Housing Trends & Analysis

Housing Boom Is Over as Market Becomes More Balanced

More Cooling Is Likely Due to Lingering Impact of Higher Interest Rates

Don’t be surprised by weak sales and home price growth data in the near term.

Part of the weakness is just due to a lagged effect from the spike in mortgage rates in October and November.

Of course, mortgage rates have since fallen back under 4.5 percent after approaching 5 percent in November, so sales should pick up in the spring. However, even if rates don’t start increasing again, home sales in 2019 are expected to be less than spectacular, for reasons discussed below.

For starters, mortgage rates are still up over a half of a percent over the past year. Higher interest rates typically slow the economy via the most rate-sensitive sectors: housing, durable goods (autos, appliances), business investment and, sometimes, via lower financial asset valuations.

Another key factor is slowing economic growth. Even with the unemployment rate hovering at the lowest level ever during peacetime, analysts are forecasting less robust economic growth for the U.S. over the next year or two, citing the following:

  1. The softening of the housing market as poor affordability limits demand, which is particularly evident in high-cost areas such as the West Coast (see Figure 1).

Figure 1: Year-Over-Year Decline in Home Sales Is More Pronounced in California

Sources: National Association of Realtors® (NAR)/California Association of Realtors/Moody’s Analytics/Arch MI

  1. Weakening construction has been subtracting from GDP growth in each of the first three quarters of 2018.
  2. The recent appreciation of the dollar, retaliation for U.S. tariffs and a slowdown in global economic growth point to a moderation of, or even a drop in, export growth.

Economic growth forecasts keep getting trimmed back. For example, Capital Economics forecasts that GDP growth could slow to 2 percent in 2019 and just 1.3 percent in 2020. If that happens, mortgage rates may have already peaked and the Federal Reserve may be forced to cut interest rates in 2020. That would result in an economic slowdown sooner than Moody’s Analytics is forecasting: They expect 2.7 percent GDP growth in 2019, falling to just 0.9 percent in 2020 before recovering to 2.4 percent in 2021.

One reason for the projected growth slump in late 2019 and 2020 is that the federal stimulus (via lower taxes and higher spending) boosted GDP growth in 2018 by between 0.5 and 1 percent, but existing budgets will soon subtract from growth unless Congress acts. Another reason is the economic slowdown in China due to the U.S. tariffs.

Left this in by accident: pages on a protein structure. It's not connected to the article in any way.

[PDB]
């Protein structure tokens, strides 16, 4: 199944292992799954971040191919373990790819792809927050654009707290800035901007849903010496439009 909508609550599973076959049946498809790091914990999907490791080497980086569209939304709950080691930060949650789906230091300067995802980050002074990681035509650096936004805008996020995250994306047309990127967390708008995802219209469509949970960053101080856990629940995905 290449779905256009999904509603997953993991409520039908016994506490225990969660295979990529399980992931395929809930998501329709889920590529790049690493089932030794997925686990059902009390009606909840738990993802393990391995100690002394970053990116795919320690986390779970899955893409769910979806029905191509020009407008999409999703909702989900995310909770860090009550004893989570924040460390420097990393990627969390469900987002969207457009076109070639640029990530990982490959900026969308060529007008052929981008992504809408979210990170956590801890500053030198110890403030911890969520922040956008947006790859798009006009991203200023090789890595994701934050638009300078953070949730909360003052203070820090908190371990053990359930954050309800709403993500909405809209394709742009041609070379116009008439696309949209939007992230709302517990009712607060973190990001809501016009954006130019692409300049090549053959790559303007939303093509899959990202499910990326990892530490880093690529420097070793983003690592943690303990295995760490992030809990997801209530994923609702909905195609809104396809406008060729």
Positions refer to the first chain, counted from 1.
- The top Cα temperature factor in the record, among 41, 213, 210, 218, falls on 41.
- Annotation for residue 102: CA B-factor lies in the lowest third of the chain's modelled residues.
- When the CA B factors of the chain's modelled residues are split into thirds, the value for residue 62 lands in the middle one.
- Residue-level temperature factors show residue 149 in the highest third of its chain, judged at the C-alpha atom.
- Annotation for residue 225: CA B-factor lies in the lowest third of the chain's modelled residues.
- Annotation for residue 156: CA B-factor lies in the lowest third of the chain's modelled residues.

History Repeating Itself?

The economy in 2019 appears to face challenges similar to those that nearly stalled economic growth during 2015 and 2016, when:

  • Spending on oil exploration dropped 60 percent due to a collapse in energy prices.
  • Federal Reserve tightening led to a rising dollar; this in turn hurt agriculture commodity prices and emerging markets, which resulted in lower business investment in the U.S.

U.S. financial markets in late summer of 2015 started to tank due to an international negative feedback loop – rising U.S. interest rates slowed economic growth overseas, which in turn slowed the U.S. economy. Probably the only thing that saved us from a recession was that Janet Yellen put the Federal Reserve’s rising rate plans on hold and China loosened monetary policy.[1] This time around we have both interest rates and the value of the dollar on the rise, falling energy and commodity prices, plus a new risk factor: trade war.

While the U.S. housing market wasn’t bothered by the economic slowdown in 2015 and 2016, at least nationally (see Figure 2) that period also benefited from the continued bounce-back in home prices from their over-correction on the downside during 2007–2011. The press loves citing the misleading comparison of the cumulative home price growth over the past five years of nearly 50 percent with income growth of half that figure, but that ignores that fact that prices were too low (compared to rents and historical norms) five years ago.

Figure 2: Year-Over-Year Percentage Change in Home Prices Is Slowing

Sources: Federal Housing Finance Agency/S&P Case-Shiller/NAR/Moody’s Analytics/Arch MI SA stands for Seasonally Adjusted, NSA indicates Not Seasonally Adjusted

Trade War Leads Downside Risks

So far, the trade war hasn’t caused the overall economy to slow and most economic forecasts continue to assume things won’t get out of hand. On top of the initial $50 billion in Chinese imports subject to tariffs, an additional $200 billion in Chinese imports to the U.S. are now subject to a 10 percent higher tariff, which may increase to 25 percent if current negotiations fail. The Chinese have responded to the U.S. actions by raising tariffs on an increasing number of U.S. exports to China and by allowing the yuan to fall almost 6 percent in value against the dollar, which is hurting the competitiveness of other emerging markets.